By Wayne Veysey | Chief Correspondent
The guard of honour would have hurt. So would watching Robin van Persie in opposition colours emphatically convert a penalty that he had won upon his return to the Emirates Stadium.
But a point against the new champions still felt like an achievement for this Arsenal team, one which has consistently tripped up against the elite this season.
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"It keeps our unbeaten run going," concluded Arsene Wenger in glass half-full mode. "We have got to be proud of ourselves. It was a good point," added Theo Walcott.
Arsenal remain in pole position to board the Champions League gravy train for what would be a 16th consecutive year.
A home clash against Wigan Athletic is book-ended by trips next Saturday to QPR, who have already plummeted through the relegation trap door, and hapless Newcastle United on the final day of the season.
All three opponents sit in the bottom five. All three clubs were also defeated by Arsenal in the corresponding fixture earlier in the campaign. Indeed, Wenger's side walloped seven past Newcastle in late December.
Even the most dis-satisfied Gooner would appreciate that their side has proved highly accomplished at brushing aside those whose principal ambition at the start of the season was simply preserving top-flight status.
Since the start of February, Arsenal have secured 24 points from their eight matches against Stoke City, Sunderland, Aston Villa, Swansea City, Reading, West Brom, Norwich City and Fulham. Of their three other league fixtures in this period they have been far less convincing, losing in demoralising fashion in the derby against Tottenham and drawing at home against Everton and now United.
That setback at White Hart Lane, which left Arsenal seven points behind Spurs, felt like a watershed moment.
But Wenger's ruthlessness in axing skipper Thomas Vermaelen and Wojciech Szczesny – who has since being recalled due to yet another Lukasz Fabianski injury – has been vindicated with a series of resilient displays.
The swagger associated with the great Wenger teams has only been seen in isolation, usually against mediocre opposition when victory has already been secured.
Arsenal were terrific in the opening half-hour against United. Aggressive, motivated and purposeful, Theo Walcott's expertly-taken second-minute goal was a justified reward. Sir Alex Ferguson admitted afterwards to being surprised by the ferocity of some of the home side's challenges.
It seemed to have provided the platform for a key victory against a United who initially demonstrated all the fire of a team that had spent the week in hardcore party celebration mode.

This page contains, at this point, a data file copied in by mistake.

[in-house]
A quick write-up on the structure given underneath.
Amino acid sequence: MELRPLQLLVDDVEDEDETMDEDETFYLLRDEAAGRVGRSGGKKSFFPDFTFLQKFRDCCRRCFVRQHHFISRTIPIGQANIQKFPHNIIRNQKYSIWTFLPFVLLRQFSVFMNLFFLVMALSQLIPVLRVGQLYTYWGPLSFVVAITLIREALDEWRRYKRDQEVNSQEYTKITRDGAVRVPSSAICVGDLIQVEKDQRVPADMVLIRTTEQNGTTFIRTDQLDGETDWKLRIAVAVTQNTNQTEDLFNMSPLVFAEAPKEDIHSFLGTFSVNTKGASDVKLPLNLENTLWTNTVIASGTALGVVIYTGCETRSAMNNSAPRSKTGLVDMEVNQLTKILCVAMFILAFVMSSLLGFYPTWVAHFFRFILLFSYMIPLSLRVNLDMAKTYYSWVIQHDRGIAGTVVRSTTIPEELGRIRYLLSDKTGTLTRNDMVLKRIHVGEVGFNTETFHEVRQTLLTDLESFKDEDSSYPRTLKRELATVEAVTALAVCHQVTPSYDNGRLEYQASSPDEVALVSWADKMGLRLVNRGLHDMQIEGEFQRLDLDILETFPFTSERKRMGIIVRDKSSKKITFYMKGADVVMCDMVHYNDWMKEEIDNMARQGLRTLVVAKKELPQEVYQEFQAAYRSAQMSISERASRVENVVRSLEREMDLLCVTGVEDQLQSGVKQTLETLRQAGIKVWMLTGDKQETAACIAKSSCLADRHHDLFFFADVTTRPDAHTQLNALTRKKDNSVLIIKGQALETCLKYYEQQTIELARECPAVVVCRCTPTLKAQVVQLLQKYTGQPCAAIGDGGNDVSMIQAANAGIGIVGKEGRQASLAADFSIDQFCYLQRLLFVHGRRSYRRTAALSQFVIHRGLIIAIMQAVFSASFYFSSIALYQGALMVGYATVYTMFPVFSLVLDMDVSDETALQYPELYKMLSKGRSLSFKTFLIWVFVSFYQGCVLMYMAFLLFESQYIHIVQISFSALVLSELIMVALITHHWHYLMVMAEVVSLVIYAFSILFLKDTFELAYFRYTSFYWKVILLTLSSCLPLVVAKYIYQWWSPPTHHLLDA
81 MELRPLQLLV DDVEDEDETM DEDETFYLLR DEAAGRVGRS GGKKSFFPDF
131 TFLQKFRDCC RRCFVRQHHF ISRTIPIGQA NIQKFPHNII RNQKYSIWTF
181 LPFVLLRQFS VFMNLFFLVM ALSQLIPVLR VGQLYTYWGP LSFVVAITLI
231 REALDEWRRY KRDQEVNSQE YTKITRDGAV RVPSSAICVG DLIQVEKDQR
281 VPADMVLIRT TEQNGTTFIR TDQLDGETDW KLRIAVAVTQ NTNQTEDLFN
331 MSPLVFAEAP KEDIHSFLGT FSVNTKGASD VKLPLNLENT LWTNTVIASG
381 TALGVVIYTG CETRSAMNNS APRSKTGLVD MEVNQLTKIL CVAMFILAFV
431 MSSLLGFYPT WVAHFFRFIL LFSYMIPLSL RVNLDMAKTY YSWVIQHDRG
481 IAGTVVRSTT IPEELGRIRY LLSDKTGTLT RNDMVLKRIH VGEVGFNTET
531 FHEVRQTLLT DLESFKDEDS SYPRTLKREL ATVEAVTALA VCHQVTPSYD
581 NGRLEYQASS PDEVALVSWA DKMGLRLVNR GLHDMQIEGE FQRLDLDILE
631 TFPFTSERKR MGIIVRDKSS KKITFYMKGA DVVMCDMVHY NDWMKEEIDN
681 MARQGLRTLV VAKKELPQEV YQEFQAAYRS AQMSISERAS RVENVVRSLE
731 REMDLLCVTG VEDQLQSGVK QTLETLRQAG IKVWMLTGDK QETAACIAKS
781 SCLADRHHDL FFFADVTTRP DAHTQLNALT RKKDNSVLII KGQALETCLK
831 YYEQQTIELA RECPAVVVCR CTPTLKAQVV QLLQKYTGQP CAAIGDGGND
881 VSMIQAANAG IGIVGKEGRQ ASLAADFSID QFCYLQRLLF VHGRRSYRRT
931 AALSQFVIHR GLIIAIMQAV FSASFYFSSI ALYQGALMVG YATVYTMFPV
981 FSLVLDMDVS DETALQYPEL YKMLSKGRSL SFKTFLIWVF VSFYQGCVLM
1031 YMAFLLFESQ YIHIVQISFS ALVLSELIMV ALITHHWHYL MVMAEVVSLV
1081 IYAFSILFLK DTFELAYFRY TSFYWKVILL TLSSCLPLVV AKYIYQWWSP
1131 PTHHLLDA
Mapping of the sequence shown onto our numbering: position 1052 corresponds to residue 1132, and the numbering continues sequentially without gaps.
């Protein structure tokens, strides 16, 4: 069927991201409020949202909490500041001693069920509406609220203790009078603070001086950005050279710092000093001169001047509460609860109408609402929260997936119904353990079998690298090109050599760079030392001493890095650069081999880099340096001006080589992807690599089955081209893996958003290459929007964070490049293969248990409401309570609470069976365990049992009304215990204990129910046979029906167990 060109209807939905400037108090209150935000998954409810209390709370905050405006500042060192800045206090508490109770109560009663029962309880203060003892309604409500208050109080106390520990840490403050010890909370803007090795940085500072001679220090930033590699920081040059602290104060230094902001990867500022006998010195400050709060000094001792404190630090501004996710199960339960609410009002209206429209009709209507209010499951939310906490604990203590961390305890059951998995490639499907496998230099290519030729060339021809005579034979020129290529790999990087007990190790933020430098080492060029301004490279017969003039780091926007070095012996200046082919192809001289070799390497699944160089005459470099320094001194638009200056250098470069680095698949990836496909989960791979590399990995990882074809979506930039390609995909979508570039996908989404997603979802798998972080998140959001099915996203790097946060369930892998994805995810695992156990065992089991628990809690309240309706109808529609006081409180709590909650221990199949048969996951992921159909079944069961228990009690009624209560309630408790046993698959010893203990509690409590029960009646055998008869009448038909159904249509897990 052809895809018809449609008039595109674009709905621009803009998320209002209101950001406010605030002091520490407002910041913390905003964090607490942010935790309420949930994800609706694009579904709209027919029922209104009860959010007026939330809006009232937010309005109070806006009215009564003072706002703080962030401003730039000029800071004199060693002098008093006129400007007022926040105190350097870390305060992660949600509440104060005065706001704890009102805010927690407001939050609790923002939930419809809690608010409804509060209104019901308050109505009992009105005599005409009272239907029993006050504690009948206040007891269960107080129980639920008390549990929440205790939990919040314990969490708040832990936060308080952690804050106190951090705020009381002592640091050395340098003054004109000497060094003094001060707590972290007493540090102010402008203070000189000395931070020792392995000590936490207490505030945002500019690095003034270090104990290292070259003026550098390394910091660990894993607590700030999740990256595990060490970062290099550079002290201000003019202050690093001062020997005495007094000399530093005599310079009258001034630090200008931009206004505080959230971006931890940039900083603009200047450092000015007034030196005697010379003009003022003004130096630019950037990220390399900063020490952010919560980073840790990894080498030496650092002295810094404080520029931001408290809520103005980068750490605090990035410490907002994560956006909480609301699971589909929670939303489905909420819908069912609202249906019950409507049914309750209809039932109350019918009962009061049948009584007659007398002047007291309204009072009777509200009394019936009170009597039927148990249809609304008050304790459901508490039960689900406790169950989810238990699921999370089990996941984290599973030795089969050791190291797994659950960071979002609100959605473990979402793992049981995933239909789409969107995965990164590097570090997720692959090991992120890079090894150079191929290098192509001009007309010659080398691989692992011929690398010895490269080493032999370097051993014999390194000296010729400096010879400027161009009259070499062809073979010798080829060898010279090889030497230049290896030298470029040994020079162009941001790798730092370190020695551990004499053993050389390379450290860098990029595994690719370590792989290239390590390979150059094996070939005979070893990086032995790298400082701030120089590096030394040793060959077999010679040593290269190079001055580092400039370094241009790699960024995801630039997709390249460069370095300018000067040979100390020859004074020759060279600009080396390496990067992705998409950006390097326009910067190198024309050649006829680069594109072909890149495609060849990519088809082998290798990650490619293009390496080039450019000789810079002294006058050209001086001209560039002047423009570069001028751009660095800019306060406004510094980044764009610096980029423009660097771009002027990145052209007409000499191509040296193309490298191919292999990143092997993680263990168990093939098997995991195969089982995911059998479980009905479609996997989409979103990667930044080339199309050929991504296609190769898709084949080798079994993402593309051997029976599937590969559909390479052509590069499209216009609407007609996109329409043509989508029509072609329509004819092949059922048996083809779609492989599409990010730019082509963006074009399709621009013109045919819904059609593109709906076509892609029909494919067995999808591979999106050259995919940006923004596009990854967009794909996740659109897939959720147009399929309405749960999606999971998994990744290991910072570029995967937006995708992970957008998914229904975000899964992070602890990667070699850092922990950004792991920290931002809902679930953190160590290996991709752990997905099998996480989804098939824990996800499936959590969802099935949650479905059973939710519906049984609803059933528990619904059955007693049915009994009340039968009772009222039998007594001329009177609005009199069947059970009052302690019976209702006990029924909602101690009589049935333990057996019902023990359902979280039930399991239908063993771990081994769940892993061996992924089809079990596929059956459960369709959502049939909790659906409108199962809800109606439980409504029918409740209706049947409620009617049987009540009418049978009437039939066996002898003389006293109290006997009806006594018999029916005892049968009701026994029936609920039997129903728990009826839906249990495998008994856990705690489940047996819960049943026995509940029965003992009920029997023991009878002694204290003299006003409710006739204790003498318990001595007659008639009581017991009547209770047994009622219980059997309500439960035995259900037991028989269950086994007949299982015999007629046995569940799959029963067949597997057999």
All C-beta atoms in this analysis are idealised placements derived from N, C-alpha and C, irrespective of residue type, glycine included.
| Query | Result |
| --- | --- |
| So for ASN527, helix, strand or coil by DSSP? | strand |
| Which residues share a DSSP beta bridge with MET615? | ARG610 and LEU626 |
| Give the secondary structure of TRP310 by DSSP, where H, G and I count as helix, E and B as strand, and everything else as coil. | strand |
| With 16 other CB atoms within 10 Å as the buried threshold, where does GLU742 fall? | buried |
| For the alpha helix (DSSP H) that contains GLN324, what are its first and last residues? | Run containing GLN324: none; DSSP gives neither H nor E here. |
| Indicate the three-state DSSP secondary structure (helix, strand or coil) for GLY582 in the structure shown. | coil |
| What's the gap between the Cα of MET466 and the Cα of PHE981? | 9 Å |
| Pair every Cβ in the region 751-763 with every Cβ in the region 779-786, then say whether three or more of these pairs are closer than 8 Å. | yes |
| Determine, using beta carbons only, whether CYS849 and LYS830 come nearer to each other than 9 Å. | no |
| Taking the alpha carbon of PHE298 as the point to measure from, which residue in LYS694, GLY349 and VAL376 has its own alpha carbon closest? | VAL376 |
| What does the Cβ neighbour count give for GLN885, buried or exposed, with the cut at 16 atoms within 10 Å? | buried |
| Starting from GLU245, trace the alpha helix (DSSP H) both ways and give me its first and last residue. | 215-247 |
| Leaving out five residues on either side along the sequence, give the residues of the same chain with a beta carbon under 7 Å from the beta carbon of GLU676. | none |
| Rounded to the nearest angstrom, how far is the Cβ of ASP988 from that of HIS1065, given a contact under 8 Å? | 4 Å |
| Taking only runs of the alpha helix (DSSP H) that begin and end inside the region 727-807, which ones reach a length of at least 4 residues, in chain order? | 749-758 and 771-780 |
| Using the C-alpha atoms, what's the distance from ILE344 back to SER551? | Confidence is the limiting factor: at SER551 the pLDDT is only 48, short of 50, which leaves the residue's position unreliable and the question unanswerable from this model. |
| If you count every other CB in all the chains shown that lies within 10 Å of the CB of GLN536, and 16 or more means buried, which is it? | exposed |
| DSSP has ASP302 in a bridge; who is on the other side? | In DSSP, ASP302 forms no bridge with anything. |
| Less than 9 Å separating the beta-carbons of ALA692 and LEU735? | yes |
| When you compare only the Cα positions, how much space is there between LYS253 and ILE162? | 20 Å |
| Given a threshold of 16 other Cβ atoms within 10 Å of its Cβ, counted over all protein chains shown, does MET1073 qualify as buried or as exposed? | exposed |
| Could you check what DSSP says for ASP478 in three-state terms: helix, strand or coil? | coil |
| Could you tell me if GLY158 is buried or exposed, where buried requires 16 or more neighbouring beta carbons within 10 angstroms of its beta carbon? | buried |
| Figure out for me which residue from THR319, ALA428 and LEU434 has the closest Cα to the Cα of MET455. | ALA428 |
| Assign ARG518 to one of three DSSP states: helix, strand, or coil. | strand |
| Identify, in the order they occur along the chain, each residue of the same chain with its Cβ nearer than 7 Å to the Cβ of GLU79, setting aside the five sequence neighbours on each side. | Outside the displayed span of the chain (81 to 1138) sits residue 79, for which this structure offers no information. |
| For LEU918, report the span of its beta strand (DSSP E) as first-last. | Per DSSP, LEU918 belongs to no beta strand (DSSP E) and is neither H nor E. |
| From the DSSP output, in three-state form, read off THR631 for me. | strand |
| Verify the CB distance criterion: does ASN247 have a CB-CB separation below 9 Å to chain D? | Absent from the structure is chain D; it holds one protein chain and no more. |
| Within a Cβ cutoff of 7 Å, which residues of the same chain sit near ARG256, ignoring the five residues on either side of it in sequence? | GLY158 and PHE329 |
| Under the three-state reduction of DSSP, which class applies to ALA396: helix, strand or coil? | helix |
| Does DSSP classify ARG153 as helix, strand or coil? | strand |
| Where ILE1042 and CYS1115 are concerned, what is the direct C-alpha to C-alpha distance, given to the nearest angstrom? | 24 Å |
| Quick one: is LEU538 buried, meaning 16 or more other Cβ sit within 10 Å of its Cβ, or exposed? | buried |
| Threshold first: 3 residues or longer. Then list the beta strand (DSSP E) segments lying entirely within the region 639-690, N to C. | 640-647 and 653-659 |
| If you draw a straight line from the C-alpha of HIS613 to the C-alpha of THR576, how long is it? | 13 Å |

But Van Persie's eagerness to show his former club that he deserved their respect, if not their love, helped to switch on his team's competitive button.
The Dutchman's every touch was jeered but his decision to leave the club where he spent eight years has been fully justified by pilfering 25 league goals for the side that has romped to the title. It says much for Van Persie's impact that the status of Wayne Rooney, subbed for the fourth time in five games, has been downgraded, most probably for good.
United grew in assurance as the game progressed and, by the end, Arsenal were hanging on. When handshakes were traded, it felt more like a valuable point for the hosts than a chance missed in the quest for fourth.
In a nod to the drama and title-winning significance that was the hallmark of this fixture during the Wenger glory years, Arsenal's fans chanted the name of Patrick Vieira in the second half.
No Gunners captain has lifted a trophy since the great Vieira, who held aloft the FA Cup before he left in 2005.
Even the most ardent AKB ('Arsene Knows Best') would be hard pushed to argue that this current team stacks up with its predecessors either side of the millennium.
Of the current squad, who would get in those teams spearheaded by Vieira? A fully fit Jack Wilshere (he looked far from convincing once again during his substitute appearance), perhaps. Maybe Santi Cazorla. Walcott's electric pace would certainly be a useful bench option.
With three games left, Arsenal's only target is to clinch what Wenger calls the season's fifth 'trophy' and end some of the growing disconnect between the dugout and those who sit in the most expensive seats in the Premier League.
For that, they are well placed following a highly creditable 26-point haul out of a possible 33.
The fixture list is kinder to them than either Chelsea or Tottenham, at least one of whom is destined to drop points when they play one another in what looks the pivotal top-four clash at Stamford Bridge on May 8.For all Spurs' progress under Andre Villas-Boas, they lack the experience of their two rivals in seeing a campaign to a successful top-four conclusion.
Arsenal have benefited from a far less punishing fixture list than Chelsea, who must still visit Old Trafford and a revitalised Aston Villa before ending the campaign, most likely four days after competing in the Europa League final, against Everton at home.
The odds lean slightly towards Arsenal achieving their principal ambition this season. That, at least, provides some solace as they sit 21 points in arrears of United.
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